However, thinking about this for a second or two will show you that in the same way that you can multiply profits, you can also multiply losses if the market moves against you. Brokers advertising leverage of 200:1 or even 400:1 are simply accelerating both possibilities, sometimes with disastrous results for a trader, but (we’ll see why below) not for the broker.

Forex leverage example

Too much leverage can literally wipe out a trading account. Suppose we have funds in an account of $10,000 (that’s our margin), and we decide to use $2,500 of that and leverage of 400:1 (!) to buy $1,000,000 of a currency, or if you prefer, 10 “standard lots.” Unfortunately, the trend we were trading on reverses and the market moves 100 pips against us. On a single dollar basis, that’s just one cent; however, in the case of the trade we are making, that becomes $10,000. In other words, all the funds in our account are now needed just to cover the potential loss.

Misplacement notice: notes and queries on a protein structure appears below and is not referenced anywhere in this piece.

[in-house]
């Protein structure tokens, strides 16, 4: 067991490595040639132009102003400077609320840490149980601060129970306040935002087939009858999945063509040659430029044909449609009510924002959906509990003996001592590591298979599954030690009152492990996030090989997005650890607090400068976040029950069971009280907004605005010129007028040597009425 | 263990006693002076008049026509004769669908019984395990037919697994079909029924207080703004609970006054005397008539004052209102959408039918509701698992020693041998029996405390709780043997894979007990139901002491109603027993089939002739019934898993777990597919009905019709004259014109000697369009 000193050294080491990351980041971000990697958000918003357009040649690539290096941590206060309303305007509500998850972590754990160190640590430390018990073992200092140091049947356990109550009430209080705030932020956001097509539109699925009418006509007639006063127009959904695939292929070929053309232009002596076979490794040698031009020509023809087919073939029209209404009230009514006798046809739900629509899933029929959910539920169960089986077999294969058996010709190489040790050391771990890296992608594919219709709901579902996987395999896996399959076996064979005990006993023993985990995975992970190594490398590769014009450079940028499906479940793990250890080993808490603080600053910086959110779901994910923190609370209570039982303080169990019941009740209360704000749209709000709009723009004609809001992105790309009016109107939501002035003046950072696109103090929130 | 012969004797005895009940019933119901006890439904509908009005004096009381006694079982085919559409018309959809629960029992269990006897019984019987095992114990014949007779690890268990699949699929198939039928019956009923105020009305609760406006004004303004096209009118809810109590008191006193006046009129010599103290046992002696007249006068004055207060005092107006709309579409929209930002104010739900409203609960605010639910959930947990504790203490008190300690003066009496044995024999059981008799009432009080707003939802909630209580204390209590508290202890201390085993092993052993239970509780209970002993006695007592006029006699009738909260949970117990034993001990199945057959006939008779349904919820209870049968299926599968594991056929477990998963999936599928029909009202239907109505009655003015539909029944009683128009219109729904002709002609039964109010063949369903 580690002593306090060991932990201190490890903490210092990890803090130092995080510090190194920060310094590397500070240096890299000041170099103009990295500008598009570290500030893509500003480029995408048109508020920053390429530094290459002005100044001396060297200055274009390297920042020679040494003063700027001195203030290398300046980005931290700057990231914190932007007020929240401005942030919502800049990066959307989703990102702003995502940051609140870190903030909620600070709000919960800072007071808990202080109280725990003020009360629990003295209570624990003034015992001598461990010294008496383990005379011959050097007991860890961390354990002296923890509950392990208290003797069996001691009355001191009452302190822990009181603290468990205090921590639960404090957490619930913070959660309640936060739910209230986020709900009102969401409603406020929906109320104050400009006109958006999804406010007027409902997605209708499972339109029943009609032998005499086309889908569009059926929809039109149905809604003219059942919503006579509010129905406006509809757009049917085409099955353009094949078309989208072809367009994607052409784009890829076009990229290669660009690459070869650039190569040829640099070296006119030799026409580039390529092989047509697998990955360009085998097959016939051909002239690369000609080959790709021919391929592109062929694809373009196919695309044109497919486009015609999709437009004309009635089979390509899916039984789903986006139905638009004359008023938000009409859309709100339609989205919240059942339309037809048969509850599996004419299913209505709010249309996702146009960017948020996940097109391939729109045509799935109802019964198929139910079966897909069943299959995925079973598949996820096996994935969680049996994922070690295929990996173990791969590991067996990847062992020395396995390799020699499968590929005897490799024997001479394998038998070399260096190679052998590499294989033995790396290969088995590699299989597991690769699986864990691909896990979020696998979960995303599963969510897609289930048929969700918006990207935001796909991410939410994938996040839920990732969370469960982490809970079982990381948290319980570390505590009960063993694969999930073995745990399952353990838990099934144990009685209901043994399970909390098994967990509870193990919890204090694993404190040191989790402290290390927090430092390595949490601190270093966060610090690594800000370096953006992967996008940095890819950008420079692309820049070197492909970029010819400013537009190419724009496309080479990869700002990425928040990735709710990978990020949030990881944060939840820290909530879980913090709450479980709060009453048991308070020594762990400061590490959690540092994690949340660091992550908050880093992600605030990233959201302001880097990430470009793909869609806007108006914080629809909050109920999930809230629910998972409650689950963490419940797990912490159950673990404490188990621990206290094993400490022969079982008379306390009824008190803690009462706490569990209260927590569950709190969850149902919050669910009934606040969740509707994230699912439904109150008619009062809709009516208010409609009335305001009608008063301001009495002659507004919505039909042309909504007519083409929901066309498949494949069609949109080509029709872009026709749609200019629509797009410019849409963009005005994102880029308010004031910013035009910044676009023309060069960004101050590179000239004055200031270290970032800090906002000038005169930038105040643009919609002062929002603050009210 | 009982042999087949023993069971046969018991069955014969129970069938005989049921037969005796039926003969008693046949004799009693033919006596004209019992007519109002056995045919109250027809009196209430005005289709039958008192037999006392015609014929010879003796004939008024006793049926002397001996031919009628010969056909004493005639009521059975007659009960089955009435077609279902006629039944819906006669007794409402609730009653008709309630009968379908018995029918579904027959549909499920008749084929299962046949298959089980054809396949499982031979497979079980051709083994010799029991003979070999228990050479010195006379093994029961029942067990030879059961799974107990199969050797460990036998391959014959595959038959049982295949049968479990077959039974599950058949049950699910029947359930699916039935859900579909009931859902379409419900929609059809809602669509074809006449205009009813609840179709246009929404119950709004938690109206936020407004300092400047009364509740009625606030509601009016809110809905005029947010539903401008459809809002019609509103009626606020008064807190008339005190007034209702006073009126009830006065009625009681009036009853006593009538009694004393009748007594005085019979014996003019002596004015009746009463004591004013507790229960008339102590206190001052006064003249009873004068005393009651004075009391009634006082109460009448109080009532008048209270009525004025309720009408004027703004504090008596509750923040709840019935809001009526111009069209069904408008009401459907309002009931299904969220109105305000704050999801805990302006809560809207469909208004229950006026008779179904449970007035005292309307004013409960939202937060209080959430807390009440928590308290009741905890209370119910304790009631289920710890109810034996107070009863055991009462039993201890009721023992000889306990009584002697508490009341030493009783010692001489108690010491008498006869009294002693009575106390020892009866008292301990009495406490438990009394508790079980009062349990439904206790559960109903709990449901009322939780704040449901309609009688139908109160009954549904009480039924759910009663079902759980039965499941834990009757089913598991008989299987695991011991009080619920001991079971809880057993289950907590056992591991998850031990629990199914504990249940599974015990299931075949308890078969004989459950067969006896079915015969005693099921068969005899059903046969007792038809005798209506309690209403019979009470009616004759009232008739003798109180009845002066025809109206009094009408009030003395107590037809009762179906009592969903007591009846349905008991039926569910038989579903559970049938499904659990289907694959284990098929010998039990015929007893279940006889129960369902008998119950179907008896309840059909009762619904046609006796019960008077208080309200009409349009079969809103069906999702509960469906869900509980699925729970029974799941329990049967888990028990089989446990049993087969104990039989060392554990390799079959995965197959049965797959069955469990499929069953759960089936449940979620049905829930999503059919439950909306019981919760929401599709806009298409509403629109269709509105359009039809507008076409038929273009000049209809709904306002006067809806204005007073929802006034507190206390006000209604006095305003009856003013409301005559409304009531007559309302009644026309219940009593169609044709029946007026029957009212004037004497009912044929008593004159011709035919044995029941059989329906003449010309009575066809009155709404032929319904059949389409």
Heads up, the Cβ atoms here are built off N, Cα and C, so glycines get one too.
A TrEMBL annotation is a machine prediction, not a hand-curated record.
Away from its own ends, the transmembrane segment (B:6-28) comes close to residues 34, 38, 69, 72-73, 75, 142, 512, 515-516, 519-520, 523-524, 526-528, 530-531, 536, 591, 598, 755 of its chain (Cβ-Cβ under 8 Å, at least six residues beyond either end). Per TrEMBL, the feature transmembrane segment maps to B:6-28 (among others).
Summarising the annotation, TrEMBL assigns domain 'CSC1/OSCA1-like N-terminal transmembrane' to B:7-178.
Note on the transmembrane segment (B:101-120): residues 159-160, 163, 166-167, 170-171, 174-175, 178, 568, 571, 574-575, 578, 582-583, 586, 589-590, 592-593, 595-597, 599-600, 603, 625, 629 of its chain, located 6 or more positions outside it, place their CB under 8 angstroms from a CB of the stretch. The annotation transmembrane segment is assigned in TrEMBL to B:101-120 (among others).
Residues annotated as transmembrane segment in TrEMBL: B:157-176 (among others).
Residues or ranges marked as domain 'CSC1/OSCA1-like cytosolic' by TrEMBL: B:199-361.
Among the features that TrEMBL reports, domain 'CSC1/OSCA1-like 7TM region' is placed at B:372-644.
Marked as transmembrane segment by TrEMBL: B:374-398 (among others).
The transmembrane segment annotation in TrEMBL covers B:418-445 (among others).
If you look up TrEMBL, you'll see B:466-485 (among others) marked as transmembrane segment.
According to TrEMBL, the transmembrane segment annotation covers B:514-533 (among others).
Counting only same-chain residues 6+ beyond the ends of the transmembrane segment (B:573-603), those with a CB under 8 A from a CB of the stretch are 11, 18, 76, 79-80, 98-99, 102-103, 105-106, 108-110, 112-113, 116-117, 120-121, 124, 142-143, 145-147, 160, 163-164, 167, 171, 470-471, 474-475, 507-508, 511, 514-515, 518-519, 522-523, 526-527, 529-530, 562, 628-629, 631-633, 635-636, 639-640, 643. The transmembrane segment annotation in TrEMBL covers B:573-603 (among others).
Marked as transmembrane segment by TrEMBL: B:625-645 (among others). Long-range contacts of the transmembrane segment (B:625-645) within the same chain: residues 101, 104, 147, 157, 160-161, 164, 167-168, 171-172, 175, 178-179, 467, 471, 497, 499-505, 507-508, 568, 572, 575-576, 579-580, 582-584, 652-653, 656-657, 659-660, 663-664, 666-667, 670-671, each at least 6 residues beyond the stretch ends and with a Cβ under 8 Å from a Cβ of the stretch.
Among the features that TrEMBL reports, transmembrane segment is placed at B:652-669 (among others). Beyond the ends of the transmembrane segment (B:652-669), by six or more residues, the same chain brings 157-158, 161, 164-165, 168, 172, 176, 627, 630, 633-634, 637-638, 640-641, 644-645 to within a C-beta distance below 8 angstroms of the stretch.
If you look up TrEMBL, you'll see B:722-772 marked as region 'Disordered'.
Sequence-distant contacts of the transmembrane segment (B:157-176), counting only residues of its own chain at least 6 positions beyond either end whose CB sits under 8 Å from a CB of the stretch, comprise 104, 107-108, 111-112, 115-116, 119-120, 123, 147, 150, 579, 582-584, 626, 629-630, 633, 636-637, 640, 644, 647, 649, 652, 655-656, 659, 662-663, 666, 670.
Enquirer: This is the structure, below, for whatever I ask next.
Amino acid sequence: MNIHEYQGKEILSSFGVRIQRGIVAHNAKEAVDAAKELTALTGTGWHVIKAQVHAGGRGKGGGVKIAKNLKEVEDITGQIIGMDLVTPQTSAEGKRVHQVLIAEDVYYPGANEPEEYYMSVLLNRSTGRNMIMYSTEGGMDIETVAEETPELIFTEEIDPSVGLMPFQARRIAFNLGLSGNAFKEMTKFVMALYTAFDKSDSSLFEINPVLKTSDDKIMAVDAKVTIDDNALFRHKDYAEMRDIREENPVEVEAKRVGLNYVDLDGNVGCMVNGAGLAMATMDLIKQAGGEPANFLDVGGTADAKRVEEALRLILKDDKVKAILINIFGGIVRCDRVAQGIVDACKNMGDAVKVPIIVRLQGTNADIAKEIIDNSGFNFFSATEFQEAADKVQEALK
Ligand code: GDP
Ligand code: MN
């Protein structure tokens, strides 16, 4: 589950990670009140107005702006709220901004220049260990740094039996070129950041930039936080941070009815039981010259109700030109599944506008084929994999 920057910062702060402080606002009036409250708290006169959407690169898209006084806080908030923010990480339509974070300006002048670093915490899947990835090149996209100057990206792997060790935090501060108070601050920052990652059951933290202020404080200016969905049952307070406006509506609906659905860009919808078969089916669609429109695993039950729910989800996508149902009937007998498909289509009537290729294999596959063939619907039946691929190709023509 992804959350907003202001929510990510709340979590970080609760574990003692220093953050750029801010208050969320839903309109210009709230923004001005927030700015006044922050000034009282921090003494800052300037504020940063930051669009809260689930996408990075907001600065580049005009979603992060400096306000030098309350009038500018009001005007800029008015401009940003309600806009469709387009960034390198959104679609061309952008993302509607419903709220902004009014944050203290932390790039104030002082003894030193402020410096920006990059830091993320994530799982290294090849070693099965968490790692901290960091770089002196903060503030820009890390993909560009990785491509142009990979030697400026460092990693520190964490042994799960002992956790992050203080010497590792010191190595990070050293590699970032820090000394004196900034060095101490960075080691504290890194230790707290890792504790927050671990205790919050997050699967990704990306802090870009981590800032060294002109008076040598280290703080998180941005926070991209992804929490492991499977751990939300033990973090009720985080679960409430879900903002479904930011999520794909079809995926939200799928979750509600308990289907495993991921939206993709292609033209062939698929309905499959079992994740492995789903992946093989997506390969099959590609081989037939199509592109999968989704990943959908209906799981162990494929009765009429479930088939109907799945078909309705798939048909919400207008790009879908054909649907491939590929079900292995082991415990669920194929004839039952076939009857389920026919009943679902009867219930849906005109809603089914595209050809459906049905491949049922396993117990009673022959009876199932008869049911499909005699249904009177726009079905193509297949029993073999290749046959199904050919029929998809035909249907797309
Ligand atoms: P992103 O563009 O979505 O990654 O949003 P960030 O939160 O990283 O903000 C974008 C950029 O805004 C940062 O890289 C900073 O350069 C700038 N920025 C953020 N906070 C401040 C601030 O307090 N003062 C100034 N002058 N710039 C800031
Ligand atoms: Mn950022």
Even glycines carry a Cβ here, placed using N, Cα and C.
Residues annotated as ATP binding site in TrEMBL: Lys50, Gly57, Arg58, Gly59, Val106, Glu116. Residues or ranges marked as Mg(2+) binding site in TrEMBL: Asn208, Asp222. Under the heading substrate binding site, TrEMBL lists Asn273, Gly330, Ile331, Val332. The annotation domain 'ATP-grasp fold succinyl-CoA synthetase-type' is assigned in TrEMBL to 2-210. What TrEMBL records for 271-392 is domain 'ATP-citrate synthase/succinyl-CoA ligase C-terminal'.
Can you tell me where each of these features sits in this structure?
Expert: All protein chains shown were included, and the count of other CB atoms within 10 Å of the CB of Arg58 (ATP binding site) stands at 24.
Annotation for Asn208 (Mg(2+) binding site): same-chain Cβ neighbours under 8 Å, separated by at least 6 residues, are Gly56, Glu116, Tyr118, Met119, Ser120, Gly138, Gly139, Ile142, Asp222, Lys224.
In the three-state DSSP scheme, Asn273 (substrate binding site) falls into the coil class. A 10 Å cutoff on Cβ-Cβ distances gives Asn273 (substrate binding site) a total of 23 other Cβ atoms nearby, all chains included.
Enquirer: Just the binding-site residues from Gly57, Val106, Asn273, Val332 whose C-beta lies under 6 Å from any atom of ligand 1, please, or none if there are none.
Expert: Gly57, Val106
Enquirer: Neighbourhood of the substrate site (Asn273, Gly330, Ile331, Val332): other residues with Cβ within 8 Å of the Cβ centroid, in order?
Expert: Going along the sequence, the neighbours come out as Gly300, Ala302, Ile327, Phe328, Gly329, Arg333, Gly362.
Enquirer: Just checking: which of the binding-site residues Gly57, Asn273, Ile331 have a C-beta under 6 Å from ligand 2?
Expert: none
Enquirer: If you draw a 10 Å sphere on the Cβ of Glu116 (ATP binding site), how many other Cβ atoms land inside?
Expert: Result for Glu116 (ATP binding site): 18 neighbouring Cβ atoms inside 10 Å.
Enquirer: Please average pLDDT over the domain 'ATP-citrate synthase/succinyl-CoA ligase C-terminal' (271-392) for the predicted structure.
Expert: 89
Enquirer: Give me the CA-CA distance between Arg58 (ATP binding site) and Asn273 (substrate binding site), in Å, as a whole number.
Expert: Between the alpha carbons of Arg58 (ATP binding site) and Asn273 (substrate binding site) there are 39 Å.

At this point, or even before, the broker will make a “margin call.” This means the broker will close the trade, whether we like it or not, using all of our $10,000 to pay for the loss, recover the money it lent for the leverage (brokers do not lose out), and leave us with… zero dollars in our account.

Could this really happen? Unfortunately, yes it can, and even quicker than you think. Even if a trade is ultimately positive, a sudden spike or a dip in the exchange rate just after you open your trade could be all it takes for a “margin call” to put an end to your trading. So how can you use leverage so that you can aim for reasonable profits, but avoid devastating losses?